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With OS Project, Is Google Over-extending Itself?

Google's decision to build a PC operating system could be a master stroke or a colossal blunder, depending on whether the company has the resources that such an ambitious and long-term undertaking will require.

Google plays in a variety of extremely competitive markets, serving a broad scope of demanding customers and partners. Although developing an operating system could yield big rewards, it could also distract the company and make it more vulnerable to rivals.

Of chief concern is Google's continued reliance on a single type of advertising for most of its revenue, despite efforts over the years to diversify its business.

Google still makes most of its money from search pay-per-click text ads, a market that it dominates but where loyalty from consumers and marketers is thin, making the company vulnerable to the development by a rival of a significant technology breakthrough.

In short, if someone built a better search mousetrap -- as Yahoo, Microsoft, Ask.com and a host of smaller players are trying hard to do -- Google would suffer a sudden drop in search usage and consequently advertising, crippling its finances.

Google's attempts to build alternative revenue streams from display advertising remain nascent, despite the costly acquisitions of ad services provider DoubleClick and video-sharing leader YouTube, two properties Google considers key to this effort.

Bold initiatives to provide print ads to newspapers and spots to radio stations both failed. The company continues its attempts to build a TV advertising business.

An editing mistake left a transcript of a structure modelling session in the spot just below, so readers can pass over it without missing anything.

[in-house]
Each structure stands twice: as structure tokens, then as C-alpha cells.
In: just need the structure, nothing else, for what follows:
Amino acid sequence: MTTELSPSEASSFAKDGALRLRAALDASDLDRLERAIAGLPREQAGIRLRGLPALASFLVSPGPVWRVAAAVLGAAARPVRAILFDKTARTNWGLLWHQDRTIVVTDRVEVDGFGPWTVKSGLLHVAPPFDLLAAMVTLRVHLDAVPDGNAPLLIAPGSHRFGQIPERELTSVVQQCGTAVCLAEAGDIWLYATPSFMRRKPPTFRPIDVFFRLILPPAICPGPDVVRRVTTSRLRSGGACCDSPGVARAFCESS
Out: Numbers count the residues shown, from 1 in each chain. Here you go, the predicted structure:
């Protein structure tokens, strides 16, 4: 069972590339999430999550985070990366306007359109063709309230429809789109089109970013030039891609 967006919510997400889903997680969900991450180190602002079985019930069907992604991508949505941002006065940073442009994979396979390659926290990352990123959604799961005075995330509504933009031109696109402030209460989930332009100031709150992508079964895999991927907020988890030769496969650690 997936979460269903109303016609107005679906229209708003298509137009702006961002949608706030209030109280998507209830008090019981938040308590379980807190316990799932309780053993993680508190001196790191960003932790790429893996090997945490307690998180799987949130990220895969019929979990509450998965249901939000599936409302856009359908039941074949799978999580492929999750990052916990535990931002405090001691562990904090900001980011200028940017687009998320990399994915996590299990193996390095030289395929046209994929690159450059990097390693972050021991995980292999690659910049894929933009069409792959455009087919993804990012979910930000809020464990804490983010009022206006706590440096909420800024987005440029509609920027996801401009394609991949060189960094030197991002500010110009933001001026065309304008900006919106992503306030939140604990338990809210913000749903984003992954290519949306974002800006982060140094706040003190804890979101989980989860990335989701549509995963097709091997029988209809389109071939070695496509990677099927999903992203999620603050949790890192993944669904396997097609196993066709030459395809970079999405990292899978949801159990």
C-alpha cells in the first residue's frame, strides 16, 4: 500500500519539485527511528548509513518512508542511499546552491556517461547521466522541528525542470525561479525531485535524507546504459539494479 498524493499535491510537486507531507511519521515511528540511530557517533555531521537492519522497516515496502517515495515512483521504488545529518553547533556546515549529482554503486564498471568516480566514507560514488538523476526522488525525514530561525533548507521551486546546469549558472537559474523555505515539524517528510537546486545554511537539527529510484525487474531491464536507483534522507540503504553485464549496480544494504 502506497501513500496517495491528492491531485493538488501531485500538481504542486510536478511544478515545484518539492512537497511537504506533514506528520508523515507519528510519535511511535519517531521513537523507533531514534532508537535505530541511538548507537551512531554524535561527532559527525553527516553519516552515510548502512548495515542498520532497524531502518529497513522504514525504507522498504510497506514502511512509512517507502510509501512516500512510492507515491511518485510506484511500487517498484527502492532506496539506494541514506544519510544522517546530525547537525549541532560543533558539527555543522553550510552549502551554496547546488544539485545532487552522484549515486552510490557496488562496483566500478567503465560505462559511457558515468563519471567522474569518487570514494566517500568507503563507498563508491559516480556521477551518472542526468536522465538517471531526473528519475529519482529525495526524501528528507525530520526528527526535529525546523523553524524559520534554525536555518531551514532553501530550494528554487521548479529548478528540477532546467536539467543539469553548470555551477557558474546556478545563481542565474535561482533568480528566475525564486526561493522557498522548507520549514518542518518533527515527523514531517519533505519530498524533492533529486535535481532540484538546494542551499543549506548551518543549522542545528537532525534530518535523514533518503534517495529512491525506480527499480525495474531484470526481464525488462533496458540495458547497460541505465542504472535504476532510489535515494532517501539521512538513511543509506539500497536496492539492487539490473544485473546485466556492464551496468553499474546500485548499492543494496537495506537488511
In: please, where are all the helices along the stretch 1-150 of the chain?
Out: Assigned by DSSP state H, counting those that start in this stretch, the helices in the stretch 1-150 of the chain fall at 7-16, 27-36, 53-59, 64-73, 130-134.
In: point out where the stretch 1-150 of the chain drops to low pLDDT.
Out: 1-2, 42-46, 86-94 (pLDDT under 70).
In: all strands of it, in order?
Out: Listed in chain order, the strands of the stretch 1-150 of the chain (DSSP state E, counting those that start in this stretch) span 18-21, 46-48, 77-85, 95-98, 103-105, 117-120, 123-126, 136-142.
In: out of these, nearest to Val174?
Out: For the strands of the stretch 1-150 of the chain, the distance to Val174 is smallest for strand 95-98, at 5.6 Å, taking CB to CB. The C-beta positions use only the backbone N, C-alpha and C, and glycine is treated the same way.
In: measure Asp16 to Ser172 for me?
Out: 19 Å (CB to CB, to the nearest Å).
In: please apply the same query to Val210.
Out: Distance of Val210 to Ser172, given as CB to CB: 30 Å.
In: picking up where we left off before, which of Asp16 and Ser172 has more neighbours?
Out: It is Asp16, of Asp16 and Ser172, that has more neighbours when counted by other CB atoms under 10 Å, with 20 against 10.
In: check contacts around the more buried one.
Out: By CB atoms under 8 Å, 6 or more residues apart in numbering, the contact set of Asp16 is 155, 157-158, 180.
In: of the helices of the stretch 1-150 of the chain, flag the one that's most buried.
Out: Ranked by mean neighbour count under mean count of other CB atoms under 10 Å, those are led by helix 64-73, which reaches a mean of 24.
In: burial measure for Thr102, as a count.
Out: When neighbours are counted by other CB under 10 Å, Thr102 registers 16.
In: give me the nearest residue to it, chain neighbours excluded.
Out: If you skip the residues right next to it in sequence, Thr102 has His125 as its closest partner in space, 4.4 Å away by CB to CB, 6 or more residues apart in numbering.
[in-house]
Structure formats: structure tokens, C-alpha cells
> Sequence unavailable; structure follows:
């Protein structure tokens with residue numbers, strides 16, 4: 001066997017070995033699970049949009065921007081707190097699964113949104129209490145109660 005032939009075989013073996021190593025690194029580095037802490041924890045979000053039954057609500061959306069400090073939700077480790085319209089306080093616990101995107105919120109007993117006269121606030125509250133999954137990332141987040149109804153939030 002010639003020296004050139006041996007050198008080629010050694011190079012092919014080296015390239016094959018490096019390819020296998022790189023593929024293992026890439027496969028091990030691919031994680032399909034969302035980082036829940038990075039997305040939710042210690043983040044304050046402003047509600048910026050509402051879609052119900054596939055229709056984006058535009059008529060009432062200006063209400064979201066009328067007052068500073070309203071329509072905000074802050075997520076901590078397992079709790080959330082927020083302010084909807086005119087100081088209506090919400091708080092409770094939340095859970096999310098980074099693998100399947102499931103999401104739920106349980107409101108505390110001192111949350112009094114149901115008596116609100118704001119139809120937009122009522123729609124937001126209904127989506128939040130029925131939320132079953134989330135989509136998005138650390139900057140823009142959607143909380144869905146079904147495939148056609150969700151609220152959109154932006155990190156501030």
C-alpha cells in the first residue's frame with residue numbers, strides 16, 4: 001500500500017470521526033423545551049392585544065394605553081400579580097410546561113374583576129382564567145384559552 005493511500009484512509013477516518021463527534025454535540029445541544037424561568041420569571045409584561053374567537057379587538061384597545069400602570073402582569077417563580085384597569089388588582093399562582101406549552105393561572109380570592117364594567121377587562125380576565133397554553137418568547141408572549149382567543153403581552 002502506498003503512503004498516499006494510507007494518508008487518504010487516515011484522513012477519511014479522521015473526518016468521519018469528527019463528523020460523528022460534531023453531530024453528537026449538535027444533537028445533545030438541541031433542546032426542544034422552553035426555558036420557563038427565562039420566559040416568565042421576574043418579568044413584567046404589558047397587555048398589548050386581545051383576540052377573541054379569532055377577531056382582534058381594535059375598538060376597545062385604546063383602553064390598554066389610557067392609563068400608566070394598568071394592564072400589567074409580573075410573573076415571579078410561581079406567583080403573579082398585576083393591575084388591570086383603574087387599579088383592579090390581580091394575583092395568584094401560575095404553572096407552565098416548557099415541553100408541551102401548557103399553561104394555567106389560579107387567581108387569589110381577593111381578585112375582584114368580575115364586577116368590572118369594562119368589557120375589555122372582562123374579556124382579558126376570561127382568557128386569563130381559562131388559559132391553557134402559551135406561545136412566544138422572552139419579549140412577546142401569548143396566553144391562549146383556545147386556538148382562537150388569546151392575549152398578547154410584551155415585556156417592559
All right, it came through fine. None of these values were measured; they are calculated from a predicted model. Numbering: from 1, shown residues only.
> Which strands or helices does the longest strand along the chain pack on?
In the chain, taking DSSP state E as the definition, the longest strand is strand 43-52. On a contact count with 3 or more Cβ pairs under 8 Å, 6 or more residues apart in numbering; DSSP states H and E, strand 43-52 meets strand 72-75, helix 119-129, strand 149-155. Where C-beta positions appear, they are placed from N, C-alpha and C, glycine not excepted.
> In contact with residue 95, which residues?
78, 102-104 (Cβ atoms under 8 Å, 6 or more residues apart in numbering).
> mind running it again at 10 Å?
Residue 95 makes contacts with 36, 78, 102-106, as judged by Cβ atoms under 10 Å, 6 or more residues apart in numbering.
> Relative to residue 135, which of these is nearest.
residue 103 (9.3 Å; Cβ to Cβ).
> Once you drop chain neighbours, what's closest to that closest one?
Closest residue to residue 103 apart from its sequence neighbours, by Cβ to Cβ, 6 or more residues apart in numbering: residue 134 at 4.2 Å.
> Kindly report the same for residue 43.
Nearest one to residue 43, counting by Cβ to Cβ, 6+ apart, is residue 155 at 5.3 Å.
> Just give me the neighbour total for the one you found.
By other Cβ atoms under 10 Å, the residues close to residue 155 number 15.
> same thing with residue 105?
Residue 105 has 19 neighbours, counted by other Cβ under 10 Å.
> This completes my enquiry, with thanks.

Google executives are the first to admit that the company dominates the Internet search market because it toils long and hard every day to continually improve its engine technology.

Yet, not content with waging battle every day in search, Google also provides enterprise search and business collaboration software, competing against the likes of Microsoft, IBM, Cisco and Autonomy, and trying to win over business managers, IT managers and CIOs.

As if that were not enough, Google has set out to court Web application developers by opening up APIs to a wide variety of its consumer and enterprise products.

In addition, Google maintains many non-search services for consumers, such as the Orkut social network, photo management service Picasa, Reader feed manager, Knol encyclopedia, Checkout online payment system and the iGoogle personal home page.

In recent months, Google has shut down or stopped supporting several products, including Google Video, Google Notebook, microblogging service Jaiku and mobile social network Dodgeball.

"My feeling is that Google needs to stop announcing things and instead execute on completing them," said Rebecca Wettemann, an analyst at Nucleus Research who focuses on enterprise software.

For instance, Google could make many enhancements to Apps, its hosted collaboration and communication suite for businesses, which just yesterday had four key components exit the beta, or test, stage, she said.

Google's sudden announcement it is taking on the massive task of building a PC operating system makes it seem like the company has a short attention span. "They pick something up, get excited about it and work on it until they find another shiny new object they want to play with," Wettemann said.